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First Herb Harvest

fresh-cut chives, catnip and thyme

I might deny I said this come the rose blossom days of sun-filled June, but I love Spring the best.

(Wait, I already have to take it back. The rushing in of summertime in the weeks around Summer Solstice is what I really love. Spring is just thrilling in a different way.)

The garden is jumping up fast and we we were able to start cutting some herbs today. Chives are always the first to fully grow out, but our well-loved Sorrel isn’t far behind. We hope to be cutting Sorrel and Garlic Chives next week, so wish us some rain 🙂

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Too Many Roses (a good problem to have)

Rosa mundi
Rosa mundi

Who cares about Roses? With a reputation for being fussy and needy in the garden, I sure didn’t. The tough, hardy ones that take care of themselves (you know, the weeds) are more my style.

But you almost can’t pick up an herbal medicine book and certainly won’t find an herbal cosmetic book that doesn’t include Rose, so a few years back I made a token planting of 1 sprout each of  3 old-fashioned varieties: Apothecary’s Rose (Rosa gallica ‘Officinalis’), Rosa Mundi (Rosa gallica ‘Versicolor’), and Rugosa Rose (Rosa rugosa ‘Alba’).

These sweet shrubs turned out to be anything but fussy! Almost a little too robust, the Gallicas throw seed and are having a go at becoming a hedge while the Rugosa sends out runners in every direction! I didn’t pay much attention to them, though, until last Summer.

It was the bees I noticed first. There are so many bees working these flowers it’s actually noisy! Then, the aroma caught me. All throughout the garden I could smell those Roses. Suddenly, I was in love.

I’d only dabbled with Rose in salves and perfumes, so I gathered as many petals as I could in anticipation of Winter experiments: Oils and balms, tinctures and elixirs. Infused into aloe vera, witch hazel, apple cider vinegar. Whatever I could think of!

Today my herbal pantry shelves are brimming with rosy goodness and I can’t figure out how I ever lived without it. “Queen of the Garden” as nickname makes sense to me now.

Though I did intend to clip them back this Spring, I’ve decided instead to let the Roses run wild. Wonder who will be happier with the overflow this Summer, me or the bees….


Roses used topically are wonderful for the skin. And not only for beauty. Rose is a revered healer of wounds and important first aid plant 🙂

Rose flowers: anti-bacterial, anti-depressant, anti-fungal, anti-inflammatory, anti-spetic, anti-viral, aphrodisiac, astringent, cardiotonic, decongestant, expectorant, hemostatic, laxative, sedative

Rose hips: anti-bacterial, anti-inflammatory, anti-oxident, anti-viral, astringent, cardiotonic, laxative, nutritive, tonic, high in vitamin C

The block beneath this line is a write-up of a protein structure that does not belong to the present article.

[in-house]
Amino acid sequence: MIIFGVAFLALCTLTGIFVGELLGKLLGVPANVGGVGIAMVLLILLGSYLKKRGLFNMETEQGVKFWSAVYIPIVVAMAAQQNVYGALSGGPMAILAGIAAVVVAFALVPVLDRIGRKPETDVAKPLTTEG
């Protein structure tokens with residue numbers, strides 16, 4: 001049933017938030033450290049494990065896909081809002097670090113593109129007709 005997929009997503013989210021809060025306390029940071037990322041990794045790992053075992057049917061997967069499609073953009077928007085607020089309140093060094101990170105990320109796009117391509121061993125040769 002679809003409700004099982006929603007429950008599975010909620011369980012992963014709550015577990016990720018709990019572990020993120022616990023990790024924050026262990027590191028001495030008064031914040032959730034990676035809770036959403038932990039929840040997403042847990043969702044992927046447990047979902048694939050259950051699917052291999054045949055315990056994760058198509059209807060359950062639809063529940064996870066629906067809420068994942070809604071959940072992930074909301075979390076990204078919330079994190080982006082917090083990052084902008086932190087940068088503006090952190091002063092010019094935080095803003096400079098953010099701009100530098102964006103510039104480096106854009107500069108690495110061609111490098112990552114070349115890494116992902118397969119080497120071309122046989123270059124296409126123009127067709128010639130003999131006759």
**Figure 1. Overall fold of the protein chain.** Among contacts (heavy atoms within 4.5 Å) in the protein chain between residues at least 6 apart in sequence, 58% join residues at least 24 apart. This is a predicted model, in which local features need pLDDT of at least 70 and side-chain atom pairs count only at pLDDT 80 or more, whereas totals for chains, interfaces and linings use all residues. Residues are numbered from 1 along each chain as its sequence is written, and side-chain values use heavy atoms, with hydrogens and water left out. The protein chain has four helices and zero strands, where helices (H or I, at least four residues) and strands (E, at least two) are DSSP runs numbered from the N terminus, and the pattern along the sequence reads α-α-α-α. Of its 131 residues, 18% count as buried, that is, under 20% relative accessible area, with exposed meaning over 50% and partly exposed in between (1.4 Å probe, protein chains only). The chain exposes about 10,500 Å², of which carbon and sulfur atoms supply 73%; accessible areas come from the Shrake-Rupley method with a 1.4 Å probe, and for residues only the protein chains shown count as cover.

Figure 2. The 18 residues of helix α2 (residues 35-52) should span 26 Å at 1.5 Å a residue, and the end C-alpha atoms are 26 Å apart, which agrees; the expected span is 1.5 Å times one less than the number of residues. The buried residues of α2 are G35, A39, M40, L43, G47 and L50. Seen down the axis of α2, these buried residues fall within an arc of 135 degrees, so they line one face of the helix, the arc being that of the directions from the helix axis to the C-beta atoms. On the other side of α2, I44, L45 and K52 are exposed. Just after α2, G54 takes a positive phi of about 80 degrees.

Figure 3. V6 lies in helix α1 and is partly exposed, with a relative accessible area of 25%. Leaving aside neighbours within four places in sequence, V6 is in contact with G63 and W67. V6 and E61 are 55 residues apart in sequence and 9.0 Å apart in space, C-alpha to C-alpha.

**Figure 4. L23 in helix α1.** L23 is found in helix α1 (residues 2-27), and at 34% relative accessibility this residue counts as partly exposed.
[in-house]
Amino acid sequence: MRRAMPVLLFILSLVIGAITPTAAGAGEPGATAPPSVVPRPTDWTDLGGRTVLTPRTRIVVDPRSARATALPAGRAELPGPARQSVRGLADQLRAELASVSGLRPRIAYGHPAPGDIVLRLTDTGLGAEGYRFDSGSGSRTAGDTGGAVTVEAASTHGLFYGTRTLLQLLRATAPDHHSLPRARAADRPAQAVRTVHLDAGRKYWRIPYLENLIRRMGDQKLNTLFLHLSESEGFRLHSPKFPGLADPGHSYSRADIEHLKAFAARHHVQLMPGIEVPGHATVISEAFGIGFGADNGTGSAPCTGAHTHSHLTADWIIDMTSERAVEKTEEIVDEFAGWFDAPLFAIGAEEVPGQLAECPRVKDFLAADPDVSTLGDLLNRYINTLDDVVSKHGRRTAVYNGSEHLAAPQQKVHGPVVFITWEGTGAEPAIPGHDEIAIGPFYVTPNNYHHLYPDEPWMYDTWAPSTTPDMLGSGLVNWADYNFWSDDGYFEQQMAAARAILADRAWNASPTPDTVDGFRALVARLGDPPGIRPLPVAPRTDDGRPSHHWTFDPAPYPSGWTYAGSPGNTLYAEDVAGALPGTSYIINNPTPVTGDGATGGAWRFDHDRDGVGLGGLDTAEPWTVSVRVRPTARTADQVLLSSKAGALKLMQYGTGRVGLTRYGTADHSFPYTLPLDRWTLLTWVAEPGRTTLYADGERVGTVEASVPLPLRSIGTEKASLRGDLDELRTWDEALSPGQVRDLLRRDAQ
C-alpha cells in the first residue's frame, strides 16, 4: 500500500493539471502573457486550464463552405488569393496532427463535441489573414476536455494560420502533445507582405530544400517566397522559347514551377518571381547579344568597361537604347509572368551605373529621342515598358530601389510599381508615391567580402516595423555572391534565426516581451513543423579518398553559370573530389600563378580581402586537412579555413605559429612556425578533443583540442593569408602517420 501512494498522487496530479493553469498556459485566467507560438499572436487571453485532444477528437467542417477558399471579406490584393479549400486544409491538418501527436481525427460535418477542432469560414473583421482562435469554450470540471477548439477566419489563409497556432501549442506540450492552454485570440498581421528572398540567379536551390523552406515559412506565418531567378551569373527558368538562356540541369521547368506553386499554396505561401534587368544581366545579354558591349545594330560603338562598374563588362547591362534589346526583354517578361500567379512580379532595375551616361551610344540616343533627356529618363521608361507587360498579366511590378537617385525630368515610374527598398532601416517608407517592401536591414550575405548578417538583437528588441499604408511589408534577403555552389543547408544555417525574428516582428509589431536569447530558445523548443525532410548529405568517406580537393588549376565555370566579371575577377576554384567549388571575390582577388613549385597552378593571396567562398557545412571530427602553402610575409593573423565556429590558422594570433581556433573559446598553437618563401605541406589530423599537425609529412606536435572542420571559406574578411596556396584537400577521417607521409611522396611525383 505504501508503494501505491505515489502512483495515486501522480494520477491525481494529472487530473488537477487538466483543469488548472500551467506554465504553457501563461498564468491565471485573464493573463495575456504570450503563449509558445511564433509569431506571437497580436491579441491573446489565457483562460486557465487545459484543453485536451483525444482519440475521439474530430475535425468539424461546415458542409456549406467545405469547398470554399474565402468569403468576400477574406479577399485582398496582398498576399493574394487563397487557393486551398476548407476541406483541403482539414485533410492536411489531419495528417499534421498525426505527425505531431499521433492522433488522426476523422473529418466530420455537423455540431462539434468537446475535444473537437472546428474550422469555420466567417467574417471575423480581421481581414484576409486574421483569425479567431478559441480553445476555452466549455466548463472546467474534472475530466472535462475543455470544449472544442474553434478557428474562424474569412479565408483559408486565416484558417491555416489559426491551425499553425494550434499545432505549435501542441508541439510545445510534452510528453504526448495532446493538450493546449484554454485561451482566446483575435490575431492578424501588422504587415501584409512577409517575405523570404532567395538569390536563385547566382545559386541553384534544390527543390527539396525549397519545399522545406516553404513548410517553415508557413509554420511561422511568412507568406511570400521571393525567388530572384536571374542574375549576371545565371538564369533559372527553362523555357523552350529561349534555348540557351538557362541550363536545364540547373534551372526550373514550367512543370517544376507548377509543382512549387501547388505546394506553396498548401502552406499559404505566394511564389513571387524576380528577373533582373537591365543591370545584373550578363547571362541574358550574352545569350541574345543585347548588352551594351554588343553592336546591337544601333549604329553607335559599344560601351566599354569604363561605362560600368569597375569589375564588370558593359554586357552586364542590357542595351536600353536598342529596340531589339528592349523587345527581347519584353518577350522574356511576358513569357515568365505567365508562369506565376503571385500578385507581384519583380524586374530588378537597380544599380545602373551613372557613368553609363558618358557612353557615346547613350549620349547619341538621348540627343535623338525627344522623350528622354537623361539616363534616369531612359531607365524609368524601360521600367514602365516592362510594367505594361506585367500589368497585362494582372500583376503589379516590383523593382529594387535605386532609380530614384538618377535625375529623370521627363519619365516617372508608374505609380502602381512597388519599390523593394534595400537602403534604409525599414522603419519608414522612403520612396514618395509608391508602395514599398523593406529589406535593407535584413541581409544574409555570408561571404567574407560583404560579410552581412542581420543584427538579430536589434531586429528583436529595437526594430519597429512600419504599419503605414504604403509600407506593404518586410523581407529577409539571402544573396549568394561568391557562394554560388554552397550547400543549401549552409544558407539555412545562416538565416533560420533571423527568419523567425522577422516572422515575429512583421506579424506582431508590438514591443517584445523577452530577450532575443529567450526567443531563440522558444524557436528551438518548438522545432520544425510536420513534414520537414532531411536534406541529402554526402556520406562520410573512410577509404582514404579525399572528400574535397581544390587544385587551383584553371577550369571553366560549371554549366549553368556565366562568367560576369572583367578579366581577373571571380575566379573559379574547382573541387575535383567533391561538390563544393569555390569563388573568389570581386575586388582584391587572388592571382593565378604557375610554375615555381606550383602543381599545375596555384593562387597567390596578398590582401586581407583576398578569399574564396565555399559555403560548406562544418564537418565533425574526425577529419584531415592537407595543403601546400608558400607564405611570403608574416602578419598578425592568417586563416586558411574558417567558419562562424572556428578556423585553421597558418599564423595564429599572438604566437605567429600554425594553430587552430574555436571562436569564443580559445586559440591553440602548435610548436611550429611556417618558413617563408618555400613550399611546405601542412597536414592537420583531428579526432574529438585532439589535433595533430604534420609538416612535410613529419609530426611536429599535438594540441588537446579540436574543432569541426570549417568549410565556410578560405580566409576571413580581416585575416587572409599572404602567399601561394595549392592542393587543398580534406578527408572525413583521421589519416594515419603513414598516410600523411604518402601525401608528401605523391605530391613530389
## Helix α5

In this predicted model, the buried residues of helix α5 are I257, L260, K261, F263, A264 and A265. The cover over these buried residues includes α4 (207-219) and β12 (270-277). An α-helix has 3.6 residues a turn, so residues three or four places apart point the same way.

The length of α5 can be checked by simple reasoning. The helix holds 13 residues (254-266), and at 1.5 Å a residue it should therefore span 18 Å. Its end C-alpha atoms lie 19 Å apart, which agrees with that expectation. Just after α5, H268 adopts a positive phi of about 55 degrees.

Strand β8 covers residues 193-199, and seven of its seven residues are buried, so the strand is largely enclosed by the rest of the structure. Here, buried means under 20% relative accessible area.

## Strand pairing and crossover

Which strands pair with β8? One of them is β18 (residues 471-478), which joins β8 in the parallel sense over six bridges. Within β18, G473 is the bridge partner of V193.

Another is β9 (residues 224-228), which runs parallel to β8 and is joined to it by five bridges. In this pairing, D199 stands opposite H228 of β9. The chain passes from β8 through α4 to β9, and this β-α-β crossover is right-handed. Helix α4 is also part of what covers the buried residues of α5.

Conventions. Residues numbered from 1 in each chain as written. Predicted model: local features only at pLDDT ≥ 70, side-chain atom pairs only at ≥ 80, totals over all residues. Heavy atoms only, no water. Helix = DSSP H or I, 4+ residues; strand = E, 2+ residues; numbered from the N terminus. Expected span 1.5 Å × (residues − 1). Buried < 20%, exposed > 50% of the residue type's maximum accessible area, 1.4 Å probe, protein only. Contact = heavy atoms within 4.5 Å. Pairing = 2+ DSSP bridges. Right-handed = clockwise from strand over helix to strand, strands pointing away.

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Bathtub Therapy

bathtub therapy

Stressful day? Try some “Bathtub Therapy” (or, when the going gets tough, the tough get into the tub)!

Baths can be so soothing, both for body and mind. When I’m feeling fritzed, there’s nothing better than sinking into a big tub with a cup of tea and good book.

I like to soak in herbal teas as well as drink them! San Franciscan herbalist and aromatherapist Jeanne Rose calls herbal baths “the organic antidote to impure air and harsh water conditions”. She recommends taking a herbal bath 2-3 times a week to smooth and hydrate the skin, and keep it healthy and young looking.

I tend to have lots of different herbs on hand, so can make lots of different bathtub teas to suit my mood. Some of my favorite blends are:

  • 2 parts red roses, 1 part jasmine flowers, 1 part patchouli leaf
  • 2 parts lavender flowers, 1 part comfrey leaf, 1 part marjoram leaf
  • 2 parts calendula flowers, 1 part lemon balm leaf, 1 part lemongrass leaf
  • 2 parts chamomile flowers, 1 part catnip leaves, 1 part lavender flowers

But you don’t have to have a huge herbal apothecary- Common kitchen ingredients like apple cider vinegar, oatmeal, and sea salt are perfect for turning your bath into a therapeutic spa experience.

Vinegar and salt (½ cup-1 cup) can be added directly to the tub as it’s filling, but oatmeal and herbs I put in a muslin bag before tossing into the tub. An easy substitute if you don’t have a bath tea bag is to use a washcloth. Wrap a large handful of herbs up in the washcloth and tie it with a string.

(I let the bath tea keep steeping in the tub with me while I soak. Often, I can get a second bath from the same bag. But when the herbs are spent, into the compost they go. The tea bag itself can be reused.)

Sit back, relax, and enjoy your soak. Oh, and don’t forget to bring your luffa!